Editor’s Notes: The following review is part of our coverage for the 3rd Annual ThatJaime Horrorfest put on by Next Projection’s own Jaime Burchardt, which runs from October 1st to October 31st. For more information this online horror film series visit thatjaime.com/horrorfest and follow ThatJaime Horrorfest on Twitter at @ThatJaimeHF.
“They can be tricked, you see. Tricked into being good little girls and boys, the same way we were tricked on the promise of some reward to come.”
– Dr. Logan, Day of the Dead
Lets concede one thing: If Night of the Living Dead is about racism and Dawn of the Dead is about consumerism, then Day of the Dead has its contemplative sights set on existential crisis. At first glance, this movie, which deserves many more glances than just one, could seem to be about gender roles, social breakdown, feminism, or perhaps even a healthy dose of anti-militarism. However, at the end of the day, once all has been said and dead, the appropriately eternal question of, “what is the point?” is the most prominent and profound query to drip from the film’s bloody lips.
Lets concede one thing: If Night of the Living Dead is about racism and Dawn of the Dead is about consumerism, then Day of the Dead has its contemplative sights set on existential crisis.
In a faintly cohesive manner, Day seems to take place chronologically after Dawn and Night (taken out of context, this sentence seems like a no brainer, though these zombies don’t eat brains, that’s another franchise altogether). The terror of Night’s freshly unearthed nightmare has ended and the excitement of Dawn’s reign of anarchy has run its course. What we’re left with is a group of soldiers and scientists trapped in a bunker together at the end of the world driven insane by the poisonous pondering of existence. Eventually, the group’s differing ideologies tear them apart, right before zombies literally tear them apart.
There are basically three groups presented in the film. The first are the hyper aggressive military men whose sole interest lies in self-preservation and extending their own lives, whatever that may mean. The second are the scientists who selflessly and tirelessly try to understand life, or rather, the ravenous after-life that has spread through the world like a plague. Lastly, there are the civilians who believe the search for answers is futile and that life, in all its majesty and misery, cannot be documented or understood. Life just is, come what may. The characters struggle with each other and ultimately Romero’s nihilism, which we first got a taste of in Night, rears its bleak head again and we are the cause of our own downfall.
All hope is not lost, however, as evolution always brings forth other possibilities (though it seems our own obliteration is a given). On that note, ladies and gentlemen, may I introduce to you the world’s most intelligent and endearing zombie, Bub! In the film, one of the scientists named Dr. Logan takes it upon himself to try to teach zombies how to be human. His star pupil, who he affectionately names Bub after his father, is taught not only how to read a book, talk on the phone and use a gun, but also learns compassion, caring, and perhaps even how to love.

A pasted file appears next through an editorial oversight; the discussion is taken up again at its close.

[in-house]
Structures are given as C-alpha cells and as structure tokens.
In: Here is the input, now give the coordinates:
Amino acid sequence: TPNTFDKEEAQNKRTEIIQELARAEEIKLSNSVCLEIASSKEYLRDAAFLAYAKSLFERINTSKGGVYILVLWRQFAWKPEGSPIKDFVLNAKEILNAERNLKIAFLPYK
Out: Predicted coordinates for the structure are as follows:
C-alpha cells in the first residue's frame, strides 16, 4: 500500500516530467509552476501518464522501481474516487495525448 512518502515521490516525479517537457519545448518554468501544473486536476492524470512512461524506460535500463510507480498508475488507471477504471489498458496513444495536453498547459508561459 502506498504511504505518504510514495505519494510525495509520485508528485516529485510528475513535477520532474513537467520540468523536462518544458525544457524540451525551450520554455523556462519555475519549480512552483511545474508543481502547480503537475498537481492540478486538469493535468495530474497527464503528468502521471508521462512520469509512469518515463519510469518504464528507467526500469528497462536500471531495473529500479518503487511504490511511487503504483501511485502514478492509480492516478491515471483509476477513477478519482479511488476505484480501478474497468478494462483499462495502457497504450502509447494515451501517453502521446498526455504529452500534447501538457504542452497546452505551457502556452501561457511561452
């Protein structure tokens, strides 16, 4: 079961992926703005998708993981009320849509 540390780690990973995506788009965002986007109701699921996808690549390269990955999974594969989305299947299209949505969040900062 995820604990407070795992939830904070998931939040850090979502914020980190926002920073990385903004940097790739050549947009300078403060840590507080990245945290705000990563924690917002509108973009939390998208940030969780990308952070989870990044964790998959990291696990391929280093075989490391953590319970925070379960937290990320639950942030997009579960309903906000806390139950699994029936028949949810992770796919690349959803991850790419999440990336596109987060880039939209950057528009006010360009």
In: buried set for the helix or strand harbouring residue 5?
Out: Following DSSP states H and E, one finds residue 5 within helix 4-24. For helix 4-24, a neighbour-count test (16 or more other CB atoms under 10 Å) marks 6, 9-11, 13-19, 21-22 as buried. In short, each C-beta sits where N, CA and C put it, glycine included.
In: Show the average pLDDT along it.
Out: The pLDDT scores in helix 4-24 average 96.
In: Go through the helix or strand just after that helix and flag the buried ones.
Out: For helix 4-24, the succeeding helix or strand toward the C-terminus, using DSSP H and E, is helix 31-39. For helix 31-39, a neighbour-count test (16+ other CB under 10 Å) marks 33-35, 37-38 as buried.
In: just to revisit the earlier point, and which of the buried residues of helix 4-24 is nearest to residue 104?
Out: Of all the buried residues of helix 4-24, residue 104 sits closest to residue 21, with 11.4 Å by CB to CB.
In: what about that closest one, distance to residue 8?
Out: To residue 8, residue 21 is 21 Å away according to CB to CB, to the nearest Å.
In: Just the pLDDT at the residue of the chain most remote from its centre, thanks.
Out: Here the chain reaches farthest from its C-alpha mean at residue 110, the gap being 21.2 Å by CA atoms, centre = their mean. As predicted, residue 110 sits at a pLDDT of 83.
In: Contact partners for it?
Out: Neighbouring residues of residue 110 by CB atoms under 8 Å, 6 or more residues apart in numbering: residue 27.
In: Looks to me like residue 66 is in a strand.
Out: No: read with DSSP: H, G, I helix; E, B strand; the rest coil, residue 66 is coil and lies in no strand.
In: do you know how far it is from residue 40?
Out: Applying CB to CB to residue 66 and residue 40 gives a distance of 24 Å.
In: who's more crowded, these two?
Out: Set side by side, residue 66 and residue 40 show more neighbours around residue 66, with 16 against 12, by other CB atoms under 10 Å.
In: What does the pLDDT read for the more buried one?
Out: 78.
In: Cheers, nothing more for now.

The characters struggle with each other and ultimately Romero’s nihilism, which we first got a taste of in Night, rears its bleak head again and we are the cause of our own downfall.
The character was brilliantly brought to life (wink) by an actor named Howard Sherman, whose performance, in terms of creating a sympathetic monster, is right up there with Karloff. After all, one of the most provocative scenes in any of Romero’s Dead films, or indeed of any horror film, was Sherman’s idea. The scene is one where Bub, a cannibalistic dead thing, listens to Beethoven’s Ode to Joy and is awash in the ecstasy of life. Although the moment seems simple enough, its implications are remarkable. The only character in the film that could really understand what it was to be alive, was one that was already dead - a fairly blunt and poignant critique on the living.
Day also boasts an intensely strong female lead, just slightly before Lieutenant Ripley took control in Aliens. Romero has said on several occasions that the capable character of Sarah was in fact an apology for the catatonic Barbara who was perhaps too easily traumatized in Night. In Day, however, Sarah faces a cramped world of testosterone fueled by fear and sexual frustration. How did she survive it? By threatening to cut people in half with a machine gun, that’s how.
I would be remiss if I didn’t find time to mention the glorious gore of this evisceration-laden film. It truly is Tom Savini’s masterpiece. Although the violence is mostly concentrated to the beginning and end of the film, no punches are pulled. Watching one of Savini’s impressively orchestrated gore gags is like watching Gene Kelley dance his masterful feet around the puddles in Singin’ in the Rain… only these puddles are pools of blood, obviously.
Instead of asking you to drudge through the ramblings of this review, I suppose I could have summed up the film in one quick sentence: Day of the Dead truly is the darkest day of horror the world has ever known, and the best zombie film of all time. It’s ghastly, provocative, and has the guts, in fact an excess of guts, to seriously make the audience stop and wonder…
“You can just sit there in the dark and think about what you’ve done. Think about it… Think!”
– Dr. Logan, Day of the Dead
[notification type=”star”]100/100 ~ MASTERFUL. Day of the Dead truly is the darkest day of horror the world has ever known, and the best zombie film of all time. It’s ghastly, provocative, and has the guts, in fact an excess of guts, to seriously make the audience stop and wonder.[/notification]